I believe deeply in the freedoms that this country represents, and (though you can’t know until you are faced with the choice), I would be willing to sacrifice my life in the defense of those freedoms. But war isn’t about dying for your country: as Patton said, war is about “making the other poor dumb bastard die for his country”, and that is never justified, at any time, in any place, for any reason.


Whether there is ever such a thing as a “just war” is debatable, but it is at least certain to me that this is not a “just war.” We will achieve nothing in this war that could not have been achieved through a longer, messier, more frustrating, and more uncertain process of diplomacy.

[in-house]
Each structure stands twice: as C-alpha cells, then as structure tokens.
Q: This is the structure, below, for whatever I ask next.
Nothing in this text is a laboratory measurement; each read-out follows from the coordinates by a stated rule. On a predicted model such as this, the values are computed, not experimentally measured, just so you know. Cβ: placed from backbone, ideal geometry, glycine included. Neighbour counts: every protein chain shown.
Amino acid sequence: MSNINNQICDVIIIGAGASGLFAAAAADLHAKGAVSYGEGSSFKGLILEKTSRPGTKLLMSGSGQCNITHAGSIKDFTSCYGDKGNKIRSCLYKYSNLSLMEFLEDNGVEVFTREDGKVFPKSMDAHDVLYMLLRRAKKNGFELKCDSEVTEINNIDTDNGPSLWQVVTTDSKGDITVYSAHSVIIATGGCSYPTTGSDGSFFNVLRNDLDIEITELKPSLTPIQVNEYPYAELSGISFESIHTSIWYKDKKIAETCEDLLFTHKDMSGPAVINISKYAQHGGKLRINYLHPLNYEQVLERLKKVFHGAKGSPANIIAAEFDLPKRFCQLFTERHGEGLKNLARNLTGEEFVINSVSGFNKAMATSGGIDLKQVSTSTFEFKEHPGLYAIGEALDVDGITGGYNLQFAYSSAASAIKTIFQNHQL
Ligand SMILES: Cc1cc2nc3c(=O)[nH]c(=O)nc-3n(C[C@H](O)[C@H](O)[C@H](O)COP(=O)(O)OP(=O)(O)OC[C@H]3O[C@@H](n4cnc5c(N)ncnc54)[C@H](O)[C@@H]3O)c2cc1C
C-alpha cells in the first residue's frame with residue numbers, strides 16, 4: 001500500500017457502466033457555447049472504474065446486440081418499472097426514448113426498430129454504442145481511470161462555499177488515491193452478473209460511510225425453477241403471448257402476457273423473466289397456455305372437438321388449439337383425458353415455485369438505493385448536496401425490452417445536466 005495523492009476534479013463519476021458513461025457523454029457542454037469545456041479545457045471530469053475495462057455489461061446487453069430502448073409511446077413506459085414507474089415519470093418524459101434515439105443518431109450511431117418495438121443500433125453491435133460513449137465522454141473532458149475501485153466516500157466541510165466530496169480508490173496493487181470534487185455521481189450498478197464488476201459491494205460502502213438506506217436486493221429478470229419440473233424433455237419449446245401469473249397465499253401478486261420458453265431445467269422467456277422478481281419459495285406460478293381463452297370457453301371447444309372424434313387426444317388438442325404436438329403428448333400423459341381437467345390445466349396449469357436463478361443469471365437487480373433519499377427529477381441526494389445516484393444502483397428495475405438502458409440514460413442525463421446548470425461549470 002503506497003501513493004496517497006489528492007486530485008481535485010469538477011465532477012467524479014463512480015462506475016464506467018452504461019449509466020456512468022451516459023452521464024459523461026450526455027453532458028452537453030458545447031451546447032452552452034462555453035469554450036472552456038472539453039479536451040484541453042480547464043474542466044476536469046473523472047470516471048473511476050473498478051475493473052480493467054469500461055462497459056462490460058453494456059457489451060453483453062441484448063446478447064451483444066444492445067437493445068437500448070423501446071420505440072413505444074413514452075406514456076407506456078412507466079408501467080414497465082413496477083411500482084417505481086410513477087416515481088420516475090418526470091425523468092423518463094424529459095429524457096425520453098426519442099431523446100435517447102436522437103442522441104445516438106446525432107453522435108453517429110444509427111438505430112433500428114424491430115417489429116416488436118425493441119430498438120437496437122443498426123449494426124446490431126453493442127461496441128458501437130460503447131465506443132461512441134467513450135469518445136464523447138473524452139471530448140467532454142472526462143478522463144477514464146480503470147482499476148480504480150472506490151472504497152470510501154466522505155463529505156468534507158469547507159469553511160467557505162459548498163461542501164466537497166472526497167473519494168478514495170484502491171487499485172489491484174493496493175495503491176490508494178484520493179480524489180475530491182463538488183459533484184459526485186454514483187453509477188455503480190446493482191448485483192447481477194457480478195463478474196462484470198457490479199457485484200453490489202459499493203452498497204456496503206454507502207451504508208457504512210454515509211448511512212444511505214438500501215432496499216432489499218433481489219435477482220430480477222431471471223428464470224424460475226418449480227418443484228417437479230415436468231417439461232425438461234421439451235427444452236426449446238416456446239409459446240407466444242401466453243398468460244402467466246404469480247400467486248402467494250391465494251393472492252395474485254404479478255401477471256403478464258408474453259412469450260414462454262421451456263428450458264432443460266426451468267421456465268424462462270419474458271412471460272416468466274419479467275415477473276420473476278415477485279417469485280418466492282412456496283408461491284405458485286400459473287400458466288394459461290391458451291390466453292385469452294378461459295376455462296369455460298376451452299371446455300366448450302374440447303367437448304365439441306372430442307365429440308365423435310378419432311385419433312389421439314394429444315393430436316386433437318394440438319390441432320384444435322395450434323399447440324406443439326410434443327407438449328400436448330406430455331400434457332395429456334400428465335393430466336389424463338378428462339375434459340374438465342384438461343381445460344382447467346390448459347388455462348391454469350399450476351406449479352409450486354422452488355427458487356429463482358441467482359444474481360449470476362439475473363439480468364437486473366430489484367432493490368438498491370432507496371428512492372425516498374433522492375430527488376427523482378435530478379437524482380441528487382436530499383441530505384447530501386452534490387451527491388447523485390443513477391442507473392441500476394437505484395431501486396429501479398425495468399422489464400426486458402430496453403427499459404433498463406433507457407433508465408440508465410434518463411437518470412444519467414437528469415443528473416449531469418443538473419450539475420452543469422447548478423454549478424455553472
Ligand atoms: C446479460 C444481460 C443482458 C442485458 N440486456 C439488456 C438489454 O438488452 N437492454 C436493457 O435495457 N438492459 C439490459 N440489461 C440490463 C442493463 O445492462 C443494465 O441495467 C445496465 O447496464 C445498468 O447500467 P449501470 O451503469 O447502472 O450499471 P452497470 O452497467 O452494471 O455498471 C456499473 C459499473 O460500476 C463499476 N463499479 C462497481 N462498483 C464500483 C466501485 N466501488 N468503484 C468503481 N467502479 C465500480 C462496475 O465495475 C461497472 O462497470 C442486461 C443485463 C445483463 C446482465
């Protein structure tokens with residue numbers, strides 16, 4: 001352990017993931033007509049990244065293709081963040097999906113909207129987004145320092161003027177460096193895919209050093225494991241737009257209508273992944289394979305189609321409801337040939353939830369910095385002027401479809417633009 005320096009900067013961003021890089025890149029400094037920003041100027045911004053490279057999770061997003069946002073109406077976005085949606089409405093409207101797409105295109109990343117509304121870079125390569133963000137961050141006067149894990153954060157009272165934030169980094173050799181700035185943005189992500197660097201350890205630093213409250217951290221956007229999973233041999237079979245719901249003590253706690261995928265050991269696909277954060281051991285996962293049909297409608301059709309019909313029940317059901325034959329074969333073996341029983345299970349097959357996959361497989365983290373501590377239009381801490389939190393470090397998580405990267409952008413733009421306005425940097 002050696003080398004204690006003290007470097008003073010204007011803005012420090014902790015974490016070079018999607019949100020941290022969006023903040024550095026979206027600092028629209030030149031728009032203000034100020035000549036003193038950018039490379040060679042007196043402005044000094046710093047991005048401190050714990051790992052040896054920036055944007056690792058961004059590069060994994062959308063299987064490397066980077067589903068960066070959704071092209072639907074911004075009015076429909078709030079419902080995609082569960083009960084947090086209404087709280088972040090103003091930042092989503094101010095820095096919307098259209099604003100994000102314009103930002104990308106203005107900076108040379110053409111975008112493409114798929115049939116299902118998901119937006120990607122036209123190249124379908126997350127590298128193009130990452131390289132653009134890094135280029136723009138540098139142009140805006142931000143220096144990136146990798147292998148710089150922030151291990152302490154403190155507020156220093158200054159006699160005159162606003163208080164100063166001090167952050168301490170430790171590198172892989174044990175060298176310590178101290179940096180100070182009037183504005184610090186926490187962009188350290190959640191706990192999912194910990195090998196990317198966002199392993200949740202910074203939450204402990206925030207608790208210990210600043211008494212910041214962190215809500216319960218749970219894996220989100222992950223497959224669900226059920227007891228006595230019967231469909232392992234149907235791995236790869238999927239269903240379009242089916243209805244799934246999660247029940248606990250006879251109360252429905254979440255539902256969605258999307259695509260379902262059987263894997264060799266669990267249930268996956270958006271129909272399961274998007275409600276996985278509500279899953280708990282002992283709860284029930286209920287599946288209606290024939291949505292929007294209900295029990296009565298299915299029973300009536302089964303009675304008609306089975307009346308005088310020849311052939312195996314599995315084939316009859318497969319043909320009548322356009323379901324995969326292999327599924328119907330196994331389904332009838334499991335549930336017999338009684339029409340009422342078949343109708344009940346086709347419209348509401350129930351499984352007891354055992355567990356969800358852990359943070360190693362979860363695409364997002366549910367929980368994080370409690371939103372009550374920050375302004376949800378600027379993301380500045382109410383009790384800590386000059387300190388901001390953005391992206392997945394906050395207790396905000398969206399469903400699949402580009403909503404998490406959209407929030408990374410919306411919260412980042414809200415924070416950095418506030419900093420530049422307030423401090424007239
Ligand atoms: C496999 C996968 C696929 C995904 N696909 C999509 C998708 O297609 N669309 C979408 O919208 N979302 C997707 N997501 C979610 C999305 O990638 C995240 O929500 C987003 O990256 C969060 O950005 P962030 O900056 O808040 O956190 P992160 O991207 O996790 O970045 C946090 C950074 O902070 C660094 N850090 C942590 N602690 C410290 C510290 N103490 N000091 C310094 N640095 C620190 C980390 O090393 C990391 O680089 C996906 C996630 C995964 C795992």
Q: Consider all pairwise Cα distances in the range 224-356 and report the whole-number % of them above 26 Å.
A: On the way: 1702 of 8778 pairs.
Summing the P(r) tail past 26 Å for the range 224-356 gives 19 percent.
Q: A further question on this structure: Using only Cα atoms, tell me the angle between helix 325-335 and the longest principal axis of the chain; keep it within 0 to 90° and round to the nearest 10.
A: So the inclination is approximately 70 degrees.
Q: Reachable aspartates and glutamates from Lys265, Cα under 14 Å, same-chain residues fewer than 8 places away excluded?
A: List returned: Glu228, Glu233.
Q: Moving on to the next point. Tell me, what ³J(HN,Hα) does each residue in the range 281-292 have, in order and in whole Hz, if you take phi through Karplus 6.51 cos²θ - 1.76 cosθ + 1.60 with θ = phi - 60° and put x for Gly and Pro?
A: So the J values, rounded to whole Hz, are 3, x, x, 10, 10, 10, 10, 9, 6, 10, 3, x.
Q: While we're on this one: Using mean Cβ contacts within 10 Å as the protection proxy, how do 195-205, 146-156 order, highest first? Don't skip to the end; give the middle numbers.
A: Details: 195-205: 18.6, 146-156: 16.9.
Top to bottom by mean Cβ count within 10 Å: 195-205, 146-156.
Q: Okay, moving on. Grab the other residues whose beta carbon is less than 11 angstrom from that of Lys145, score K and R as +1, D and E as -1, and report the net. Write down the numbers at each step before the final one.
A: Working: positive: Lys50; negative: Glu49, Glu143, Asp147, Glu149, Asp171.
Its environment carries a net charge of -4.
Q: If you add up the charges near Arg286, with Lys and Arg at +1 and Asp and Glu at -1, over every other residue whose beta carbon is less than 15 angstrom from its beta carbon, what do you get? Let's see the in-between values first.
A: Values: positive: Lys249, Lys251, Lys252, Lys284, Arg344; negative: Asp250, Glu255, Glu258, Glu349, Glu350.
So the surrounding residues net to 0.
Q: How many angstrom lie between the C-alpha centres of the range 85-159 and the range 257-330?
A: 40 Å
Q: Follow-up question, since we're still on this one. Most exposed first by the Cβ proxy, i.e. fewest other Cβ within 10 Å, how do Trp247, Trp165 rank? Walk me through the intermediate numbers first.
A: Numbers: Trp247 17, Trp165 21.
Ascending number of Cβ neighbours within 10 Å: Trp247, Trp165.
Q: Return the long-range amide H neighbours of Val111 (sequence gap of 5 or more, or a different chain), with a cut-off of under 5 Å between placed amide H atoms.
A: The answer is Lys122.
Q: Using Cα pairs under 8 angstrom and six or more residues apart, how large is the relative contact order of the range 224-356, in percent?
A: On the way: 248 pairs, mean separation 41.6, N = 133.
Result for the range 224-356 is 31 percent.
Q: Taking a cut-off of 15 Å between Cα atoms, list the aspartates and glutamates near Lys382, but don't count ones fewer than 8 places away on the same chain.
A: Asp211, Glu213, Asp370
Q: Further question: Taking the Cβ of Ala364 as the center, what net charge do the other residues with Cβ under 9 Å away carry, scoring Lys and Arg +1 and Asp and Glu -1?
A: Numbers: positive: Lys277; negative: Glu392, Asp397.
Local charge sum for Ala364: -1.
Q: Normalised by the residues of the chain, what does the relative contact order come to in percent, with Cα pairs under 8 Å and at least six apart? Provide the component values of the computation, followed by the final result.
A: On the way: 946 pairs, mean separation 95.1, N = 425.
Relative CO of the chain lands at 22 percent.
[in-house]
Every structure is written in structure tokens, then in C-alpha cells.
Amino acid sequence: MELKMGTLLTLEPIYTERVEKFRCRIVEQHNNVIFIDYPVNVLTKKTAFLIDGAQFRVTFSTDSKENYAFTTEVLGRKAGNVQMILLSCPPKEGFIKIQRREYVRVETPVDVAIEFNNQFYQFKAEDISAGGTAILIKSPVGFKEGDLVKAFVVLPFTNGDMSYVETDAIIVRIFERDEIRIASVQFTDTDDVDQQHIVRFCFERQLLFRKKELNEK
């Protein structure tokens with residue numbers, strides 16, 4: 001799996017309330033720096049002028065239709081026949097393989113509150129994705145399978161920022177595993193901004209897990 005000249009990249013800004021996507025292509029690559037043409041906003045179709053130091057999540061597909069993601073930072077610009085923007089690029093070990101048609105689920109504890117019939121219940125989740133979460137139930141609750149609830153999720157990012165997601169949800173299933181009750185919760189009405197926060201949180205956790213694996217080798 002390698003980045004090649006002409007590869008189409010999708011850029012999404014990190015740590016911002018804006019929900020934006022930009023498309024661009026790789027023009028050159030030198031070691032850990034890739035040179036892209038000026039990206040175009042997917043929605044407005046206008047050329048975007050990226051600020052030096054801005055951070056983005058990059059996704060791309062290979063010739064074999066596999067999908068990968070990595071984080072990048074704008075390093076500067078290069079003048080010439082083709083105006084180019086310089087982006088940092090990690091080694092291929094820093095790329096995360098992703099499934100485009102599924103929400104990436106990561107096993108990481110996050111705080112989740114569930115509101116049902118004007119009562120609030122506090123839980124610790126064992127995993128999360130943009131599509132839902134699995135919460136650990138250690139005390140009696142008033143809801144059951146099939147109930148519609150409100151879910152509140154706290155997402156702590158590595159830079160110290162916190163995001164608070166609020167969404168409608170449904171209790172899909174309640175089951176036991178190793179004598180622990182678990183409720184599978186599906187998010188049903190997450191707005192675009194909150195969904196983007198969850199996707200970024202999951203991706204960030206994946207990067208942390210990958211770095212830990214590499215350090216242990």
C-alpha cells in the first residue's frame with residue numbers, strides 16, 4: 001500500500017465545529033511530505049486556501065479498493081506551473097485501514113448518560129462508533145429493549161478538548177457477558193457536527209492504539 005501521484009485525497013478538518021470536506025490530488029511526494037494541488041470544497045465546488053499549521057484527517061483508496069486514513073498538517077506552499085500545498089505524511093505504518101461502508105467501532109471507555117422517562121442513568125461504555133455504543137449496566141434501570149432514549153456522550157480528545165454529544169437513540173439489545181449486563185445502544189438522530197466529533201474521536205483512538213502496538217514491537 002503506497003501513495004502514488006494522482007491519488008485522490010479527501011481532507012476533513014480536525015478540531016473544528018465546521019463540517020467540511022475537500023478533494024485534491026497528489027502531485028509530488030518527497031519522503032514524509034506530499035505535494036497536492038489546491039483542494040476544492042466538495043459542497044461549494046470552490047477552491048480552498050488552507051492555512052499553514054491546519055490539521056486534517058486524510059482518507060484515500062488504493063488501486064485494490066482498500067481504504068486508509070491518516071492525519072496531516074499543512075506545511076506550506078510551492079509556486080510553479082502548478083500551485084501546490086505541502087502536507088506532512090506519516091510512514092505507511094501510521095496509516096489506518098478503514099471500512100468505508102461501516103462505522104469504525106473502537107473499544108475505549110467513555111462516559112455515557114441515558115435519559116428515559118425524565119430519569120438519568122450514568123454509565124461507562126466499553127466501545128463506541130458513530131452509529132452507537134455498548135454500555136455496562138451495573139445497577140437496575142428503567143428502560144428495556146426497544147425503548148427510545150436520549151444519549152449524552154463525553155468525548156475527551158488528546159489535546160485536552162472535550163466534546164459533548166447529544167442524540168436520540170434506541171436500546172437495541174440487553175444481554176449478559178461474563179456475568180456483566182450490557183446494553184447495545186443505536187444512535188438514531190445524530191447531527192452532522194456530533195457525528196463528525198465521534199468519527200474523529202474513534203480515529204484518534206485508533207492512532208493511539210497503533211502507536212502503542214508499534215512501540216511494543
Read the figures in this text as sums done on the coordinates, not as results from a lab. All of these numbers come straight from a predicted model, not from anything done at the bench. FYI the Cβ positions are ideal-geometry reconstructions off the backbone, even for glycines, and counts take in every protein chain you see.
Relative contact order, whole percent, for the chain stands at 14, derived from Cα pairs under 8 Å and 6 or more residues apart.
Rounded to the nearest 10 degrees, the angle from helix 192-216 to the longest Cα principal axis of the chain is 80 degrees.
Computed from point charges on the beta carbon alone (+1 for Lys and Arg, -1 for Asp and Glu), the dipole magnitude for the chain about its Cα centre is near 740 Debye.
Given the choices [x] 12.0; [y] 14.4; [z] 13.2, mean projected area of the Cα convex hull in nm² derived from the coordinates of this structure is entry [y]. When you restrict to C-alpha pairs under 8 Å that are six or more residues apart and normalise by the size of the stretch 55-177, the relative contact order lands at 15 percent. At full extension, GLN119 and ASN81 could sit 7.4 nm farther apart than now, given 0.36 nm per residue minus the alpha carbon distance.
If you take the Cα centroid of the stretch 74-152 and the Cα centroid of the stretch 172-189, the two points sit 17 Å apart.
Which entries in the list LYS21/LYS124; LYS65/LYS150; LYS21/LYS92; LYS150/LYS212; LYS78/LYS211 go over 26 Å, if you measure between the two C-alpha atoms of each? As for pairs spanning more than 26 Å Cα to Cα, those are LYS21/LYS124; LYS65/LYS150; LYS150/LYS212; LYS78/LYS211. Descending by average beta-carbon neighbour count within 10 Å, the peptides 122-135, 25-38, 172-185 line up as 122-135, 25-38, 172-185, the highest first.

I will support our troops in any way I can: by wishing them a safe and speedy return, and by letting them know that I, as a citizen, care deeply about their well-being. I will not, however, support my government in this lazy, misdirected, and destructive choice.

I am ashamed of my